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Issue 12
, 2009
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Biofuel from algae

Source: Wikipedia,Scientific American, Date: , 2009

Some high-tech labs around the U.S. have started the process of making the equivalent of gasoline and diesel from yeast, algae and bacteria. According to a study published by Cornell University scientist David Pimentel, 21 pounds of corn are needed to produce just one gallon of ethanol.Farming that corn requires half a gallon of fossil fuels.So the production of corn-based fuels lead to food shortages and is too inefficient.

The largest single use of ethanol is as a motor fuel and fuel additive. The largest national fuel ethanol industries exist in Brazil (gasoline sold in Brazil contains at least 25% ethanol and anhydrous ethanol is also used as fuel in more than 90% of new cars sold in the country). The Brazilian production of ethanol is praised for the high carbon sequestration capabilities of the sugar cane plantations, thus making it a real option to combat climate change.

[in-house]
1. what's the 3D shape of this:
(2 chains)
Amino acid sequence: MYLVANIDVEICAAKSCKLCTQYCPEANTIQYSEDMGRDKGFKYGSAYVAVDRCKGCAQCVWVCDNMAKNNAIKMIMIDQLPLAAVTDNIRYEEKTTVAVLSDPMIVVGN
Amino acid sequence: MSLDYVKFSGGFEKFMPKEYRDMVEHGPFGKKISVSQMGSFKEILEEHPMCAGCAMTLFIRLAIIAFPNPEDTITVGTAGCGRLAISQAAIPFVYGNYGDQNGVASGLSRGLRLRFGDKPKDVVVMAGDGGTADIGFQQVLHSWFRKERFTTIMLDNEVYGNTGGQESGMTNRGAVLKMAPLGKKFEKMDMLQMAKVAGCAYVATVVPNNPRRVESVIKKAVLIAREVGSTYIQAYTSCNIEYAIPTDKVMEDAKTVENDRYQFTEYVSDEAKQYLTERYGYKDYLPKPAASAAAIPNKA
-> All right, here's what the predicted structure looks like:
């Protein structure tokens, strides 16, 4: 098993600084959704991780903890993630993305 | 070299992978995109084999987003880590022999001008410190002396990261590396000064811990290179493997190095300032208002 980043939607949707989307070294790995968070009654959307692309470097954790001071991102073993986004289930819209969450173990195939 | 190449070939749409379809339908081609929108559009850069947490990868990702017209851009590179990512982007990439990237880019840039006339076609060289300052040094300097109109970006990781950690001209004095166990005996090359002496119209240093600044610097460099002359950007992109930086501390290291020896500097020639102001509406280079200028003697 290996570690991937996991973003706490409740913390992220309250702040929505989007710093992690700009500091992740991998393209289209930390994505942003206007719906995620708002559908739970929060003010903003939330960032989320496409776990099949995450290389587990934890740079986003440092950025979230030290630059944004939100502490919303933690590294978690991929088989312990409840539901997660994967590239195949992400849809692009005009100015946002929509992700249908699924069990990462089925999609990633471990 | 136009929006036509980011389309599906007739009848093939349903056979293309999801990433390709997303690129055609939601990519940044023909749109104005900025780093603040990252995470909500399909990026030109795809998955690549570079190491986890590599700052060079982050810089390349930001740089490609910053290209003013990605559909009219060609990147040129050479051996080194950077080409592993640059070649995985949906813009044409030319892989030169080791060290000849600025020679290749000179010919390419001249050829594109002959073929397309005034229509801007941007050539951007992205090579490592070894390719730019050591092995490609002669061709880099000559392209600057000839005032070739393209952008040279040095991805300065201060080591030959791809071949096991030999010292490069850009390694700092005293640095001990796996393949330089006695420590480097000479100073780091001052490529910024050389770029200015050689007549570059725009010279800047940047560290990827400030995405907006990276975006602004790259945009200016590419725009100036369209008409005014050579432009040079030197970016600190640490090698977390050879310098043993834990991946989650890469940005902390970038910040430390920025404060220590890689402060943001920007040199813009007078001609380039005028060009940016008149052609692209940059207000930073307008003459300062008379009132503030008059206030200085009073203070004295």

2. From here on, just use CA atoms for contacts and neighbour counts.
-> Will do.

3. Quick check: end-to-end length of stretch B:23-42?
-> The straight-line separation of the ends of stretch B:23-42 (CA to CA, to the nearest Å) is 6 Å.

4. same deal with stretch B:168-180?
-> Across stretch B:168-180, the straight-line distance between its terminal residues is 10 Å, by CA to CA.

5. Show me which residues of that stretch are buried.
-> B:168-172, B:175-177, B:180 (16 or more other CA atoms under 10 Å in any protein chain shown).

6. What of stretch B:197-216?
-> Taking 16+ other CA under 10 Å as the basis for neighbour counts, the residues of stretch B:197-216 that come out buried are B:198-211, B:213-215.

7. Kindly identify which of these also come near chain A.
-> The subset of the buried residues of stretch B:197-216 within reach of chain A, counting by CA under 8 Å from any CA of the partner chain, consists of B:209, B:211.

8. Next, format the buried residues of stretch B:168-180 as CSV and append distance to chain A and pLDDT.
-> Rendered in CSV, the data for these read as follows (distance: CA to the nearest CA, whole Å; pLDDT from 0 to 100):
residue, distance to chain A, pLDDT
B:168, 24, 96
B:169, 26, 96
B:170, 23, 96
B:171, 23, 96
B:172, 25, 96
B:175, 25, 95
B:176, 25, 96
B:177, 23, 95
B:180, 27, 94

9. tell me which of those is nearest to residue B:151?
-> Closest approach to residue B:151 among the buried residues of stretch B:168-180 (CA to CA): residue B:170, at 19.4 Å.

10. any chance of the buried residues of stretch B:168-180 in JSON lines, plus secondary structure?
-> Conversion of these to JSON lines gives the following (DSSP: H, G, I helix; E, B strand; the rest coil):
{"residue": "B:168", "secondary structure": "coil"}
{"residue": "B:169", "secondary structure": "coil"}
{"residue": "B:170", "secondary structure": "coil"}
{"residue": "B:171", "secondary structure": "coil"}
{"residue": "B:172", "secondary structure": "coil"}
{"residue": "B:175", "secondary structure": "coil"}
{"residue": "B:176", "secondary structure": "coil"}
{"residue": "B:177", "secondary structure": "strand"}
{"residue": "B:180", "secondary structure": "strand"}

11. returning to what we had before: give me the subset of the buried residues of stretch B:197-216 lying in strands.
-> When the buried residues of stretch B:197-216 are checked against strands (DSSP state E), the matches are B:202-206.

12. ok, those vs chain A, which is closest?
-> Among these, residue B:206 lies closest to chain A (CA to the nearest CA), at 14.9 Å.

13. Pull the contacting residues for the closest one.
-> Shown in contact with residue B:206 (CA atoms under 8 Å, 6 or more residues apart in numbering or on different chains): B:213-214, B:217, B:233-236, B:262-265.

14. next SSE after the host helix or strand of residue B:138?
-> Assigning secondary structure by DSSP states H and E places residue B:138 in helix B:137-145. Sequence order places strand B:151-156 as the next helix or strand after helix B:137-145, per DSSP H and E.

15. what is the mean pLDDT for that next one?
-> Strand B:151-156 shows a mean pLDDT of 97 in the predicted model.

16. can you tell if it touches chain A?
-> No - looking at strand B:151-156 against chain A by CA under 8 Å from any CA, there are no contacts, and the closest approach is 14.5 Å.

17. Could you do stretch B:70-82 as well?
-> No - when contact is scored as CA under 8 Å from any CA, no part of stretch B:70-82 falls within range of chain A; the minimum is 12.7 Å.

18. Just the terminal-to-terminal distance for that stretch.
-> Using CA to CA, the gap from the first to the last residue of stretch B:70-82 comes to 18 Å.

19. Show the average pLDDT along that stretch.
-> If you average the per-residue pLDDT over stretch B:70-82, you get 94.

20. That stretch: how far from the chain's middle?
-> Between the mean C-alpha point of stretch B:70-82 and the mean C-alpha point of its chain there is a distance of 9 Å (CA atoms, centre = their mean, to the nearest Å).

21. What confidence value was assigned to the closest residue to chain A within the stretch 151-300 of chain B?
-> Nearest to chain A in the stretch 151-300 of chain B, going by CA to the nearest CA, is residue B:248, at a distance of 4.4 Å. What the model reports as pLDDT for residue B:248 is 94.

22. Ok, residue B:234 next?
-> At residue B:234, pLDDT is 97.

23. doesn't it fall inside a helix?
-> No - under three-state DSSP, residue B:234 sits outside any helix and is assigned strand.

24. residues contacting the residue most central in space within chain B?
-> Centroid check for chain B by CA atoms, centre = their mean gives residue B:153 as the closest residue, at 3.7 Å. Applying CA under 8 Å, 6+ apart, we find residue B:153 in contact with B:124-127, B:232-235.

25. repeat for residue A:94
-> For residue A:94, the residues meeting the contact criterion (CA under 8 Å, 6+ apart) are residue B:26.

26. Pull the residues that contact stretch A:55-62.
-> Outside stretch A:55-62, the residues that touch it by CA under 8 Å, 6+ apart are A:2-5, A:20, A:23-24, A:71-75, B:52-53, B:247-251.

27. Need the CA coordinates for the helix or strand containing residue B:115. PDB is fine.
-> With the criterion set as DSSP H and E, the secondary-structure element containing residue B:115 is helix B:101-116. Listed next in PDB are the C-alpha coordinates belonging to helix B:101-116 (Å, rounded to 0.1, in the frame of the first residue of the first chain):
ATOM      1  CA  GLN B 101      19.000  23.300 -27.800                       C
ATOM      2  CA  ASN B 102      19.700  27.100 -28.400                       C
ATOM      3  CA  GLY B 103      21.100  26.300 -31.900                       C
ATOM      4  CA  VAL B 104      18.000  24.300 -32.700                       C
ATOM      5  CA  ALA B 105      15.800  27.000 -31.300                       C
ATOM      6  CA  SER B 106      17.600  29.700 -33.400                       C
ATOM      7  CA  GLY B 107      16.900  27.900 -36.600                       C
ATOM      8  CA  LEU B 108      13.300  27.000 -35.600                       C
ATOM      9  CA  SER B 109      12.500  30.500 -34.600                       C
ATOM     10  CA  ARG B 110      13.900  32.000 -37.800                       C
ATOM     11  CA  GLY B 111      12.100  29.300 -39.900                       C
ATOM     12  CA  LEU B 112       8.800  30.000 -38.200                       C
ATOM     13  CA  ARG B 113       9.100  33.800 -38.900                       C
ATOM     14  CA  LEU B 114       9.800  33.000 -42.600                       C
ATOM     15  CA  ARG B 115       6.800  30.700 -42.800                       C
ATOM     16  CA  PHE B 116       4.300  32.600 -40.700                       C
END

Ethanol fuel is ethanol (ethyl alcohol), the same type of alcohol found in alcoholic beverages. It can be used as a fuel, mainly as a biofuel alternative to gasoline, and is widely used by flex-fuel light vehicles in Brazil, and as an oxygenate to gasoline in the United States. Together, both countries were responsible for 89 percent of the world's ethanol fuel production in 2008. Because it is easy to manufacture and process and can be made from very common crops such as sugar cane and corn, in several countries ethanol fuel is increasingly being blended as gasohol or used as an oxygenate in gasoline. Bioethanol, unlike petroleum, is a renewable resource that can be produced from agricultural feedstocks.